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Changing jurisdictional state

Discussion in 'Other Family Law Matters' started by Jennifer R McKenzie, Nov 6, 2019 at 9:05 AM.

  1. Jennifer R McKenzie

    Jennifer R McKenzie Law Topic Starter New Member

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    Jurisdiction:
    Florida
    My children have been in my custody temporarily since Jan. There is a case against the father in another state in dependency court. The state the father lives in, would like to close the dependency case and have Florida take jurisdiction and put a parenting plan in place.

    Not sure what to include in the filing and want to make sure I do this right the first time.
     
  2. army judge

    army judge Super Moderator

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    If you want something done correctly the first time, then don't DIY, hire a lawyer to do it on your behalf.

    What you desire isn't only up to you to decide.

    The father might not agree with your wishes.

    That's another reason you need a lawyer, not a discussion site.
     
  3. Jennifer R McKenzie

    Jennifer R McKenzie Law Topic Starter New Member

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    If I could afford one, then I would hire one. I have had to fight this on almost all my own power for two years. Trust me, I would rather not.

    I am petitioning the other state to give jurisdiction over to FL, because the father can not have a say in what happens to them, currently.

    Thank you for your concern over me doing this myself. No attorney has offered to take this pro bono, because they do not want to deal with it.
     
  4. justblue

    justblue Well-Known Member

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    What is the other state?
     
  5. Zigner

    Zigner Well-Known Member

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    Why not?

    Attorneys need to put food on the table...they're funny like that.
     
    justblue likes this.
  6. army judge

    army judge Super Moderator

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    Would you tell your employer, "Don't worry about it, boss, I love to work for free. In fact, I love ot so much, I'll work 80 hours this week for FREE, and 100 hours next week, for FREE!"

    Lawyers have bills, children to feed, a spouse to assist with family expenses, business partners that expect the lawyer to pay her/his way, etc...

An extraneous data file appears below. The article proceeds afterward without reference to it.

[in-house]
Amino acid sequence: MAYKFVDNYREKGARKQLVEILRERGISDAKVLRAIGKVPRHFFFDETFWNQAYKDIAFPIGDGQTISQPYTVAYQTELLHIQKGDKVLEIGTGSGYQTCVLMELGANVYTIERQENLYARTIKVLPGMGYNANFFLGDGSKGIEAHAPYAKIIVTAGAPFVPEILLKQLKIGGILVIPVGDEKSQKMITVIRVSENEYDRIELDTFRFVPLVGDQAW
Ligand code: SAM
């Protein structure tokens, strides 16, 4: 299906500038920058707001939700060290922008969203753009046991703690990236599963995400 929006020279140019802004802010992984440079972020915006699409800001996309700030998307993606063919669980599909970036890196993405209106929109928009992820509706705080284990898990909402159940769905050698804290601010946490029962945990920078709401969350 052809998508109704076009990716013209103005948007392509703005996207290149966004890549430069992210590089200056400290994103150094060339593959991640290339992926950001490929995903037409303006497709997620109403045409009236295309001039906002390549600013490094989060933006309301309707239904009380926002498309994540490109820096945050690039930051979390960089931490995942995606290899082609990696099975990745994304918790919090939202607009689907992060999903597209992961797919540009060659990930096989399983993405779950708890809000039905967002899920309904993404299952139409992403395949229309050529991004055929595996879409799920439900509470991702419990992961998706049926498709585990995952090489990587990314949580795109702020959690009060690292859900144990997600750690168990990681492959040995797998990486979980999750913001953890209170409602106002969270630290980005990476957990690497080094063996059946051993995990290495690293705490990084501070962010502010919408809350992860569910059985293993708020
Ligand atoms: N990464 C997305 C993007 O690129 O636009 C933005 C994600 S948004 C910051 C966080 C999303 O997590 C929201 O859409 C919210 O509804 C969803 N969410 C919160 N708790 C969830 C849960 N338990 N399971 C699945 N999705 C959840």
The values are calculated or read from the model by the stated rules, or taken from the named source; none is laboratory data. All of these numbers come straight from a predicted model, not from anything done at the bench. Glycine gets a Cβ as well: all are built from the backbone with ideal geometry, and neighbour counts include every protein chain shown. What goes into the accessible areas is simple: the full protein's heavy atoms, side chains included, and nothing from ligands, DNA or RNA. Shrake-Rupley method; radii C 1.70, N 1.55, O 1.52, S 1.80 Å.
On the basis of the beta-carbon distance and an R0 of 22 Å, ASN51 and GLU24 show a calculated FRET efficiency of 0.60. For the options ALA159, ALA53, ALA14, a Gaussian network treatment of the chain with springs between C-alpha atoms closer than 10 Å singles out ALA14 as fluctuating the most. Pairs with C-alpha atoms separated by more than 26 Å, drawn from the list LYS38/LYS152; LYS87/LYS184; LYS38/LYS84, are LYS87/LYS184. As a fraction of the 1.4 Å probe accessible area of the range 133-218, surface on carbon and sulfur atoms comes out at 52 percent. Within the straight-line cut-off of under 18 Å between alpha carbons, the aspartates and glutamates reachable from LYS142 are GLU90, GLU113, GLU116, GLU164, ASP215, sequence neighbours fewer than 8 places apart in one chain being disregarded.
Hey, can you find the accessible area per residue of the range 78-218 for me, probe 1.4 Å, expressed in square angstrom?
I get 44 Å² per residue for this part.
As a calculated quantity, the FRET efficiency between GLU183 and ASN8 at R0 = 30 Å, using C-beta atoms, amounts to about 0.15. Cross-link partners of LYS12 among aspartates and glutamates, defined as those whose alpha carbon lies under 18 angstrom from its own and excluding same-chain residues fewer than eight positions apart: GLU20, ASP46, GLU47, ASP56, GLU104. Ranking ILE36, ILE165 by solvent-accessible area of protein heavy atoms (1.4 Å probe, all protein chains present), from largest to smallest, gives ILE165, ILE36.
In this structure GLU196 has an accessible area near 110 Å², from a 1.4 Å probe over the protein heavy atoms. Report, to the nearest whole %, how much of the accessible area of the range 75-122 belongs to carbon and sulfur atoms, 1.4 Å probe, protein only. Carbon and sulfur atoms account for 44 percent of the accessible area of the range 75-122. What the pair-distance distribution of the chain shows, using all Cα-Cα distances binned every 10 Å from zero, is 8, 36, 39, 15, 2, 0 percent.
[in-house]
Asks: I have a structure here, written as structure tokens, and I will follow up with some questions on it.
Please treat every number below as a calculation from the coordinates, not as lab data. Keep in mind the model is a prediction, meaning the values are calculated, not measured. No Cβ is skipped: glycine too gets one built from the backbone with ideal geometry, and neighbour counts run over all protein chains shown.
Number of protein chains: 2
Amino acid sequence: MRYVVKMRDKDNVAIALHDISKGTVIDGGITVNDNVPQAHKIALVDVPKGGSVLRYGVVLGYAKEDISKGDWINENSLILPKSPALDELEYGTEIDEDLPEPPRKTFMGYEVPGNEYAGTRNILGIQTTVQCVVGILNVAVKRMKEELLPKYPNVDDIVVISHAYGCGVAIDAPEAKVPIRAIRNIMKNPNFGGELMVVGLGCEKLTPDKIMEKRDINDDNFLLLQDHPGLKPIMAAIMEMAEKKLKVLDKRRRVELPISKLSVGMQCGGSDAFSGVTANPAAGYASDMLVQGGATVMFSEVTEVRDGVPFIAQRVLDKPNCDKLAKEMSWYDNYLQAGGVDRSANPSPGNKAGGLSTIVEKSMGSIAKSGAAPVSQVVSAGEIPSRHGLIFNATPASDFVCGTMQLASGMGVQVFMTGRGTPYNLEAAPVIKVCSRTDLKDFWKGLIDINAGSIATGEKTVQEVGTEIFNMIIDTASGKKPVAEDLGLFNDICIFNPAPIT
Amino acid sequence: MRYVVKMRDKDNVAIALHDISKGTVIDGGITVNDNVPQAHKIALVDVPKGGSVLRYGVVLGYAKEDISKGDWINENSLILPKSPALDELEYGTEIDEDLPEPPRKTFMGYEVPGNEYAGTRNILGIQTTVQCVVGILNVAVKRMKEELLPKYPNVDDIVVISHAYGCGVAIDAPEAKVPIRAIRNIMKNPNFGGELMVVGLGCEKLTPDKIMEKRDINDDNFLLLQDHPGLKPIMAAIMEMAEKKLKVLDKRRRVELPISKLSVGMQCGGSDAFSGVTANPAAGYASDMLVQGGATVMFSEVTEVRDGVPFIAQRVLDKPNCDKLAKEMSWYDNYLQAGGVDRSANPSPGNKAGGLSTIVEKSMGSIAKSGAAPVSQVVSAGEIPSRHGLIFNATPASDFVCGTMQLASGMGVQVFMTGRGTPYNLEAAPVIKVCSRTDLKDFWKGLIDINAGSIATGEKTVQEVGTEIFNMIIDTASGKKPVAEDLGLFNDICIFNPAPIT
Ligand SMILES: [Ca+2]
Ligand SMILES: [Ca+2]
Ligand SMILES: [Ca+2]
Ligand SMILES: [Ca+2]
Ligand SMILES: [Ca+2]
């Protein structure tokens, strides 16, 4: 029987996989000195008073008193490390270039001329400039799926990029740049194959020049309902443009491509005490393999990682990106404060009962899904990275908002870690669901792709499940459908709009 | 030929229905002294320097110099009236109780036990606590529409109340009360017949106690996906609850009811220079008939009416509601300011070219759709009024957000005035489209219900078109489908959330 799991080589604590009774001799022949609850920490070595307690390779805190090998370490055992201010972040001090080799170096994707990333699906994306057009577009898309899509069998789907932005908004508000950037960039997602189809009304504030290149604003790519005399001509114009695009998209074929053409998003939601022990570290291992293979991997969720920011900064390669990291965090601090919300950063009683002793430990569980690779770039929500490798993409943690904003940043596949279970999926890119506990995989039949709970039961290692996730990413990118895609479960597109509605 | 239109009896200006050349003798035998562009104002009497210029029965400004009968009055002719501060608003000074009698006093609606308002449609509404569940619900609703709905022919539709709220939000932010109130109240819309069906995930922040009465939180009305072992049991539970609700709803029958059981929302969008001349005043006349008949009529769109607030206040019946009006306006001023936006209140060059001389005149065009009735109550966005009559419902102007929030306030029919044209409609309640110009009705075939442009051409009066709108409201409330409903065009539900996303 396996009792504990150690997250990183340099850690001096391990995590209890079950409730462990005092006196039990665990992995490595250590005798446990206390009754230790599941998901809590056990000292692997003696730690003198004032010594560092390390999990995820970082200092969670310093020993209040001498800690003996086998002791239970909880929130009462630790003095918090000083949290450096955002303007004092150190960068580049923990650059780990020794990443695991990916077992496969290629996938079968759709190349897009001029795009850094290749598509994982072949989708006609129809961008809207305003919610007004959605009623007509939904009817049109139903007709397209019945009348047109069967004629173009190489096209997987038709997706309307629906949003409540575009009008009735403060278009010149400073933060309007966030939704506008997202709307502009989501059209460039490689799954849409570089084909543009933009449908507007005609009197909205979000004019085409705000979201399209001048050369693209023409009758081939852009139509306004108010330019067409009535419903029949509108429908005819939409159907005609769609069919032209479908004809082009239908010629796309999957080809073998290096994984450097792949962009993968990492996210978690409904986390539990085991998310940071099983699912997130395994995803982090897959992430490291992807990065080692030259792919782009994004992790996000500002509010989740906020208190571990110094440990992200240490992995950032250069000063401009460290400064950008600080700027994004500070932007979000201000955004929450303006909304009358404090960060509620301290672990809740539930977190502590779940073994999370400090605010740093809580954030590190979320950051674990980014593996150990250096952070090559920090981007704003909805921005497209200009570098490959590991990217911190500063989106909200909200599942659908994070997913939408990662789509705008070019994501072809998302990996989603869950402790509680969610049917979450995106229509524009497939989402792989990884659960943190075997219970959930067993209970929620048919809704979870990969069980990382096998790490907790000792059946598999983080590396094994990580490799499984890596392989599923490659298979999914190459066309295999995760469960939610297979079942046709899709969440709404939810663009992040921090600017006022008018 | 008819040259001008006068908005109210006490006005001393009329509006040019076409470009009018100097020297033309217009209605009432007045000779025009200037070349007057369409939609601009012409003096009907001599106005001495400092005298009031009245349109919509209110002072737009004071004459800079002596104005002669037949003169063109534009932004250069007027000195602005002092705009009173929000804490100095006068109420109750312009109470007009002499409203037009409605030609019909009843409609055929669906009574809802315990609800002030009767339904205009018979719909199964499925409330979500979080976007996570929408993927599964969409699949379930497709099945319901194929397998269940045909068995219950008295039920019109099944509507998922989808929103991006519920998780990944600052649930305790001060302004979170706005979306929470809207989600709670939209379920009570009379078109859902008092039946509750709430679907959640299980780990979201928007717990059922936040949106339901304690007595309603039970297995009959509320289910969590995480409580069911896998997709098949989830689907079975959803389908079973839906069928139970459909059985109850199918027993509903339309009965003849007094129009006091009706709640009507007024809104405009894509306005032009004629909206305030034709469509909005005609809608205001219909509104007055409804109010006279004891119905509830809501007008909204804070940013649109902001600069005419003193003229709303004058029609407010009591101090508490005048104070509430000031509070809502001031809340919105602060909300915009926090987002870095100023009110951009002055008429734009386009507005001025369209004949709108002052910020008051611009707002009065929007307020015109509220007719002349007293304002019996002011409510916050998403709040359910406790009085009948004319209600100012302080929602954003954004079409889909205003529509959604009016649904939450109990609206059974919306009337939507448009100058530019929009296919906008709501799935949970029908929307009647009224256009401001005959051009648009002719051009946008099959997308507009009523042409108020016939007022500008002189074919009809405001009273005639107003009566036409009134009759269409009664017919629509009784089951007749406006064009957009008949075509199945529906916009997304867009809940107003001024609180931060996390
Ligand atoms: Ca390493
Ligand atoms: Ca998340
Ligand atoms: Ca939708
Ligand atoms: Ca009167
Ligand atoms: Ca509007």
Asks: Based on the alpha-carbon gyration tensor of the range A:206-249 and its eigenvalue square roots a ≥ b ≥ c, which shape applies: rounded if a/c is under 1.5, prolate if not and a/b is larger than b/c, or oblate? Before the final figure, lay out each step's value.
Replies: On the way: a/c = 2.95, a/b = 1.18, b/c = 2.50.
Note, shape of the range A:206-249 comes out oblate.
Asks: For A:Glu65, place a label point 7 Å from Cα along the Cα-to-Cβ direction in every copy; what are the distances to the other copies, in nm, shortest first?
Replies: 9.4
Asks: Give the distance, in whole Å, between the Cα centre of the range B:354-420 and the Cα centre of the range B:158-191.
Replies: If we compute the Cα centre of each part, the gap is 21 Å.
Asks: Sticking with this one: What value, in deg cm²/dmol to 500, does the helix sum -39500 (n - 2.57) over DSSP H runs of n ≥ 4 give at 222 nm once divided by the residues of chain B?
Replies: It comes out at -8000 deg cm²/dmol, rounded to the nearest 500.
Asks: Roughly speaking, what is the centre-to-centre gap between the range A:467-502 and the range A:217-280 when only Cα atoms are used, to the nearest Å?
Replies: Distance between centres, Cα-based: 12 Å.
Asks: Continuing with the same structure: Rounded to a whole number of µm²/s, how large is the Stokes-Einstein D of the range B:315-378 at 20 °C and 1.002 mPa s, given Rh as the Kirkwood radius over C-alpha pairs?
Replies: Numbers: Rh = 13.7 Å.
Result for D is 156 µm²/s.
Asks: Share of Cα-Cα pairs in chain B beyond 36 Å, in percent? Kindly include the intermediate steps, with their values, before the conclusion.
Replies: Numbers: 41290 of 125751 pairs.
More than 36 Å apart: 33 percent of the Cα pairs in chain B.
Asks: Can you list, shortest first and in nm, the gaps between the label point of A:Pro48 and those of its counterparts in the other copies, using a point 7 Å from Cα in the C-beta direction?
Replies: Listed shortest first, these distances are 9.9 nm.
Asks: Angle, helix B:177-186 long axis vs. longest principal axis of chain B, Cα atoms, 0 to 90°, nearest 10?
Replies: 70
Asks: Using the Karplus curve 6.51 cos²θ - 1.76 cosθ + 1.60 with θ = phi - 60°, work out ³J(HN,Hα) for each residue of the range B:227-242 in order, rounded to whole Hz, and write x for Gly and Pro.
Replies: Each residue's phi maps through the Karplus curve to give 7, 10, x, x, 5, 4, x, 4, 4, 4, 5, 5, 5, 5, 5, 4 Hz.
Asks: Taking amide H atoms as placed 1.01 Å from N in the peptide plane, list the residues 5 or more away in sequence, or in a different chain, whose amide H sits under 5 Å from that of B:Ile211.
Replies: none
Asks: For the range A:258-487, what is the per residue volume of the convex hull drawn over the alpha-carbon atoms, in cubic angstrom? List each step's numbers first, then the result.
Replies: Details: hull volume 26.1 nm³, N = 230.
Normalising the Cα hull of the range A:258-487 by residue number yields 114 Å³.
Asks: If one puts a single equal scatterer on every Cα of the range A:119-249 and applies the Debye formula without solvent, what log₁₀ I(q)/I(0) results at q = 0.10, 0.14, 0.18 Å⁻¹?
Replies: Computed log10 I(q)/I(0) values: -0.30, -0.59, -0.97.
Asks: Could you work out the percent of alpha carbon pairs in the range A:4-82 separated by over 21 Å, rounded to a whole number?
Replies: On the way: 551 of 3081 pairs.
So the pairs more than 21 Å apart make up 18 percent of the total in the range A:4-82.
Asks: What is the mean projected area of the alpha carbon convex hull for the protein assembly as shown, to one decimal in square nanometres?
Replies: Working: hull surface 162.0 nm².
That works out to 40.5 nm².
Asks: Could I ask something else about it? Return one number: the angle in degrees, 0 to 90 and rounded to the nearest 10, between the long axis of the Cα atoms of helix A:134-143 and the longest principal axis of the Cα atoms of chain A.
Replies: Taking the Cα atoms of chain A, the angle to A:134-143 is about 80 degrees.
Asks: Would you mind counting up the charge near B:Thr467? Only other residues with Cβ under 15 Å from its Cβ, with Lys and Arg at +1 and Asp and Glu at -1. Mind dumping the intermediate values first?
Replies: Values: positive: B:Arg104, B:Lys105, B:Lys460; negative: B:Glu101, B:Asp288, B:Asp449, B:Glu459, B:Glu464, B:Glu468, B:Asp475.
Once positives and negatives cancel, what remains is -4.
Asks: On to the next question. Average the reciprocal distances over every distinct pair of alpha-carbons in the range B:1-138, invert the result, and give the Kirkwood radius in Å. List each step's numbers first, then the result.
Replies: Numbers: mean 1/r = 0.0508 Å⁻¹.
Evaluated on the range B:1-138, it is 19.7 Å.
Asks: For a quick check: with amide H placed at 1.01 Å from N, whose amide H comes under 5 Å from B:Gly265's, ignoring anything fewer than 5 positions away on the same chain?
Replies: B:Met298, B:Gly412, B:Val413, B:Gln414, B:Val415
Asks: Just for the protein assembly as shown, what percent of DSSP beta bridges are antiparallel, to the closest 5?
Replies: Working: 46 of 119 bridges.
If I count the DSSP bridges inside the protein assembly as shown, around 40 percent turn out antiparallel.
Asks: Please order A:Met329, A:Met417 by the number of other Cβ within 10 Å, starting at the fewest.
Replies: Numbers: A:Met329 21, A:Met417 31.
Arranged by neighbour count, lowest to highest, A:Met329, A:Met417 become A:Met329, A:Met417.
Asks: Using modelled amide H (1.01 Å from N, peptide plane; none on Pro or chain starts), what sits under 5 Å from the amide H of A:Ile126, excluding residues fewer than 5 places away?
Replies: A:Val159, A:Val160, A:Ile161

Lawyers also do pro bono work, faithfully.

    I'm retired, own a law firm, and every lawyer and paralegal employed by my law firm does pro bono work, too. None do it begrudgingly, because we understand and enjoy helping others when we can.

    I still do pro bono work, too.

    The ABA requires lawyers to do pro bono work.
    Lawyers take this charge seriously, and don't shirk their responsibilities to assist the public.

    Do plumbers, teachers, janitors, physicians, military personnel, police officers, painters, bus drivers, Uber drivers, or you name it; work for free?
    <========================>
    ABA Model Rule 6.1
    Voluntary Pro Bono Publico Service

    Every lawyer has a professional responsibility to provide legal services to those unable to pay. A lawyer should aspire to render at least (50) hours of pro bono publico legal services per year. In fulfilling this responsibility, the lawyer should:

    (a) provide a substantial majority of the (50) hours of legal services without fee or expectation of fee to:

    (1) persons of limited means or

    (2) charitable, religious, civic, community, governmental and educational organizations in matters which are designed primarily to address the needs of persons of limited means; and

    (b) provide any additional services through:

    (1) delivery of legal services at no fee or substantially reduced fee to individuals, groups or organizations seeking to secure or protect civil rights, civil liberties or public rights, or charitable, religious, civic, community, governmental and educational organizations in matters in furtherance of their organizational purposes, where the payment of standard legal fees would significantly deplete the organization's economic resources or would be otherwise inappropriate;

    (2) delivery of legal services at a substantially reduced fee to persons of limited means; or

    (3) participation in activities for improving the law, the legal system or the legal profession.

    In addition, a lawyer should voluntarily contribute financial support to organizations that provide legal services to persons of limited means.
     
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